As compared in Table 1, each algorithm might be generally tried in custom-built modeling and it is important to know how these algorithms work in estimation process from the pedagogical aspect [30]. In fact, they have been widely adopted as an estimation routine in commercial software packages. The first four algorithms (i.e., Newton Raphson, BHHH, BHHH-2, and Steepest Ascent) are referred from the earlier research of Roh and Khan [25] and Train [30]. For more details refer to the above two researches. In this research, Quasi-Newton method (the last two algorithms of Table 1) is mainly considered in finding parameters of the test model with developed computer codes for this specific purpose. Furthermore, an extension of the method is proposed to present a new technique of searching a step size automatically.

Table 1: Different way of acquiring the Hessian matrix between algorithms.

The second iteration rule experimented for the first time in this research shows a difference in a way of adopting a step size which is adjusted repeatedly during estimation of the test model. More details will be discussed in the following section. This iteration rule is commonly applied to DFP-GSM and BFGS-GSM algorithms.A slight, but notable difference of two iteration rules described in both (5) and (6) is of acquiring a step size during iteration.

3.3. Estimation Algorithms
3.3.1. Davidon-Fletcher-Powell (DFP) Algorithm

The two algorithms, DFP and BFGS, included in the two following sections depend on the description of Greene [29]. Updating rule of approximate Hessian of DFP is introduced below and it is called variable metric algorithm or rank two correction [29], written as where is the approximate Hessian matrix of DFP algorithm in iteration, replacing the real Hessian matrix appeared as in Newton Raphson algorithm, is the approximate Hessian matrix in t iteration (if then ), in the context of this research is 9 × 9 dimension identity matrix, is equal to the value of in iteration , is transposed matrix of , is equal to the value of , the difference of value between a gradient vector in iteration ,  , and a gradient vector in iteration , , and is transposed matrix of .

The iteration rule can be written asAfter sufficient iterations before convergence, is assumed to approximate inverse of real Hessian of NR. In this first DFP method, we can try a variety of , a step size, to find the best with which the iteration shows the best performance.

3.3.2. Broyden-Fletcher-Goldfarb-Shanno (BFGS) Algorithm

The BFGS algorithm is slightly different in terms of its updating rule of approximate Hessian compared to that of DFP. The updating formula of approximate Hessian is presented below and it shows almost the same formula as for that of DFP except the last term:where is the approximate Hessian matrix of BFGS algorithm in iteration, replacing the real Hessian matrix appeared as in Newton Raphson algorithm, is the approximate Hessian matrix in iteration (if then ), in the context of this research is 9 × 9 dimension identity matrix, is equal to the value of , is transposed matrix of , and is equal to the value of .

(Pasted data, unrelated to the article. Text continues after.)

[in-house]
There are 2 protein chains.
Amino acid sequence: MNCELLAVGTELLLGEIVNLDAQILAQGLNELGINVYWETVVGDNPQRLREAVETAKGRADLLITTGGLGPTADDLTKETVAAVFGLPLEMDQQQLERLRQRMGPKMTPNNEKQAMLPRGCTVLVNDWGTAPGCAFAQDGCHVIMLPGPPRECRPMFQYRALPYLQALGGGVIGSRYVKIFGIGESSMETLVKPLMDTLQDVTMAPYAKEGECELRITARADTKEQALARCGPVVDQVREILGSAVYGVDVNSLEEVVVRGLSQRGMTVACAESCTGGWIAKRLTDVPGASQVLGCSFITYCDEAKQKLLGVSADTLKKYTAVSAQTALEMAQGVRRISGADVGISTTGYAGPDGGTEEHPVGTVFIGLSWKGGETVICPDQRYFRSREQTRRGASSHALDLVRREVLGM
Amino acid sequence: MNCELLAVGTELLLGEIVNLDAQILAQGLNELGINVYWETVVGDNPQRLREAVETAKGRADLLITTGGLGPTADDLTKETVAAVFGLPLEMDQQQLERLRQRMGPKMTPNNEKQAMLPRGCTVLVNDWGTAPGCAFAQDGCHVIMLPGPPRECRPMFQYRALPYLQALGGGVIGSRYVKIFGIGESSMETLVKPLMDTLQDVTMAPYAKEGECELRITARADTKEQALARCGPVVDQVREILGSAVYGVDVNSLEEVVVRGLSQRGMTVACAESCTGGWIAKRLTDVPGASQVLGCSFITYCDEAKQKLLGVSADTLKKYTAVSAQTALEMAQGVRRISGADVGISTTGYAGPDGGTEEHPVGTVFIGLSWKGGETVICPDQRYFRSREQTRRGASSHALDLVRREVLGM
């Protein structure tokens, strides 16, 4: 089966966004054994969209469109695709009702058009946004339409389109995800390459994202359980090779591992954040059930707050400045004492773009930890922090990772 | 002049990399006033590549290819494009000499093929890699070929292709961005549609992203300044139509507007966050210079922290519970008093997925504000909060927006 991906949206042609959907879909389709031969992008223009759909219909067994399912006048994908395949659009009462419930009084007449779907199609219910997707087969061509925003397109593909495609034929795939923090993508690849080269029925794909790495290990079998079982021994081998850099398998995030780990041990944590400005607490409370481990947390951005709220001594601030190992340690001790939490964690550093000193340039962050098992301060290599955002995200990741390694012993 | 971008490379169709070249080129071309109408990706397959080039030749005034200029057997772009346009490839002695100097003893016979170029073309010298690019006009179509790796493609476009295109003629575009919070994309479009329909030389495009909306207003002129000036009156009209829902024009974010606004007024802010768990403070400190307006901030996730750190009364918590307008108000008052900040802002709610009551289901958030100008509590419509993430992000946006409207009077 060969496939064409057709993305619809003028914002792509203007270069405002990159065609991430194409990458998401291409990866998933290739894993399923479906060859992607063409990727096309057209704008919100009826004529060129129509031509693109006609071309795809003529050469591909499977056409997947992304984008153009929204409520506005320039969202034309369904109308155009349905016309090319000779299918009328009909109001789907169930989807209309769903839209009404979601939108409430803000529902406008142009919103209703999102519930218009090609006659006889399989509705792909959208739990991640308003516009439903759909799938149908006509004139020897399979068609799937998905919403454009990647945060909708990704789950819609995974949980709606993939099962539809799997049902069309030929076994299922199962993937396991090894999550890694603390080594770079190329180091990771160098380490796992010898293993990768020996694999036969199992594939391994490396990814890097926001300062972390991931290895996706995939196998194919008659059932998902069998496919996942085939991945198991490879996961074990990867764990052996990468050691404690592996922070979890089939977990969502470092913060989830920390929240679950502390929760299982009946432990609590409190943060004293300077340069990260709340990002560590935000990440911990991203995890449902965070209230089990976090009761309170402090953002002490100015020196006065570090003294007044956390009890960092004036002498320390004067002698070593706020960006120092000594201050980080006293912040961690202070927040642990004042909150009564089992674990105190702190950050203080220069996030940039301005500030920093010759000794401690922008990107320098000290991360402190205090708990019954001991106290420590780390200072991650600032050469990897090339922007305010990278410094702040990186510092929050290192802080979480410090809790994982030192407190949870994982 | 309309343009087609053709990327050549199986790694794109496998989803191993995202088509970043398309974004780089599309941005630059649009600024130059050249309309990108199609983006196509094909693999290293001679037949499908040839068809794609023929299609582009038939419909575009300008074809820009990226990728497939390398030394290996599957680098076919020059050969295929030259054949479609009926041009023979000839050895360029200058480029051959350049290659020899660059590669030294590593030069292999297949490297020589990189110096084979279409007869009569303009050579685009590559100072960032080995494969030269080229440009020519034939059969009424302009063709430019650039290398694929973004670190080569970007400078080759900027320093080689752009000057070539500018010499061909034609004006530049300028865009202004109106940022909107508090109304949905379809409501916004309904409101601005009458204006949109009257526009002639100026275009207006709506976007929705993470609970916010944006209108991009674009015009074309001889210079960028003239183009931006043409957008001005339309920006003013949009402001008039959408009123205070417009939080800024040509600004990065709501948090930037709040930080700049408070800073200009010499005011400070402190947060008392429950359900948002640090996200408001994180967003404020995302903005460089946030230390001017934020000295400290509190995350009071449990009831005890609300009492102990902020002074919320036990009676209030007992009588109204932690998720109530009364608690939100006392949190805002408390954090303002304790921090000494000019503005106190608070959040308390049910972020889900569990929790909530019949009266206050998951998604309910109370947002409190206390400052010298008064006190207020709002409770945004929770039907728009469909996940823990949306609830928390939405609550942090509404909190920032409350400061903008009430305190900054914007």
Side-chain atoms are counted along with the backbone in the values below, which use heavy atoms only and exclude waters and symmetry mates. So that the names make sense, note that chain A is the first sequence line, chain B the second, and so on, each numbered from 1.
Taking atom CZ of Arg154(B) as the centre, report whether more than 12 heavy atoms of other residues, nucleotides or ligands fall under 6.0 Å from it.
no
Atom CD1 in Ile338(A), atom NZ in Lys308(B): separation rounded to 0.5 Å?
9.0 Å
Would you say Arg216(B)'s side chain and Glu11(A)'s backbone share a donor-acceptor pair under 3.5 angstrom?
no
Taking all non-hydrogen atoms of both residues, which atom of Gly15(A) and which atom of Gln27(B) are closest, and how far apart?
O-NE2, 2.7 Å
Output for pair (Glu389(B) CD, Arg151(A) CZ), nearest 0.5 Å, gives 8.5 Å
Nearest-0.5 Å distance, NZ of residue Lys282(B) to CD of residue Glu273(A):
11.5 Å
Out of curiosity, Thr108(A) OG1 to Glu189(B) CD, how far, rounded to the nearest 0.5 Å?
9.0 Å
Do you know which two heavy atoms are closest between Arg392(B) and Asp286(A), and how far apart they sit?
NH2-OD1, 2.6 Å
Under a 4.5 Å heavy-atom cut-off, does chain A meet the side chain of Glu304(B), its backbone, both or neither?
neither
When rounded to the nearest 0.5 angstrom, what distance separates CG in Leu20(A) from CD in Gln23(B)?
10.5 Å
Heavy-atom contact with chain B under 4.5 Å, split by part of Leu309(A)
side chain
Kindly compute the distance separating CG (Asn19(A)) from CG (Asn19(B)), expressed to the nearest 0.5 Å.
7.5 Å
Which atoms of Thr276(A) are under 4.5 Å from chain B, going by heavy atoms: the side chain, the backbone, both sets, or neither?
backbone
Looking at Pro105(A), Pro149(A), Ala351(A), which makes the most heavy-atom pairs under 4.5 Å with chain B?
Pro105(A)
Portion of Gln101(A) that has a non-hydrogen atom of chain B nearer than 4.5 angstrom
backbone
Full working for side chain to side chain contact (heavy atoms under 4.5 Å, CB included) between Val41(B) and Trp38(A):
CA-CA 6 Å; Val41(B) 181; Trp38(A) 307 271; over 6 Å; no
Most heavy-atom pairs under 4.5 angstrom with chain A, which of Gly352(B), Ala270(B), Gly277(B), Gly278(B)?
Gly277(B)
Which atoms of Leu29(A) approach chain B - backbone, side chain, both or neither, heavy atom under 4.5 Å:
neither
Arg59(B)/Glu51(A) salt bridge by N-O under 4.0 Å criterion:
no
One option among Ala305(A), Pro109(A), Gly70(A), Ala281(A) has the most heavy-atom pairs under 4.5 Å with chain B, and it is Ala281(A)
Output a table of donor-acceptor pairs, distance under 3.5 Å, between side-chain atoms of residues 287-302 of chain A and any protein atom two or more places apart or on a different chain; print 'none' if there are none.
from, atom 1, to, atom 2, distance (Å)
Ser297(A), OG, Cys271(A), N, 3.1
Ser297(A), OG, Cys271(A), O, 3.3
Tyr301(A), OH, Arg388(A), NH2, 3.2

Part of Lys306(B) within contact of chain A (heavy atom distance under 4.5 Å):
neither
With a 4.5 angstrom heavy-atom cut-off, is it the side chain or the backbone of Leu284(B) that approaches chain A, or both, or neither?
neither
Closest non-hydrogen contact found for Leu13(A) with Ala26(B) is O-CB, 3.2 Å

The additional term (i.e., ) can be calculated using the information of the first term already provided in parenthesis. As in the case of DFP method, would be another approximate Hessian matrix after sufficient iteration. After inputting into iteration formula, it has the form as below:In this formula, like the iteration rule of DFP, we can employ several values to find an optimal that shows the best estimation performance in terms of several measures such as one iteration time, the number of iterations, and convergence time before convergence.

An strong advantage of the methods, DFP and BFGS, is to accept in updating procedures, which is the difference between continuous gradient in iteration (i.e., ) and iteration (i.e., ). This means that might contain more information on the shape of the log-likelihood function and it makes it easier to reach the optimal value that maximizes the log-likelihood function [30].

The following section will suggest the way of finding automatically with the help of line search method. In this research, we adopted the golden section method (GSM) as a line search tool. This method was successful in the estimation of parameter estimates.

3.3.3. Golden Section Method (GSM)

Especially in custom-built discrete choice modeling, the problem of using estimation algorithm for the estimation of model’s parameter is that the researchers have no preliminary knowledge of choosing a step size () that guarantees the best performance of the estimation procedure. To address this problem, we put a new module of line search, which uses golden section method (GSM) between codes of both DFP and BFGS methods. Incorporating the golden section method (GSM) for a line search was tried.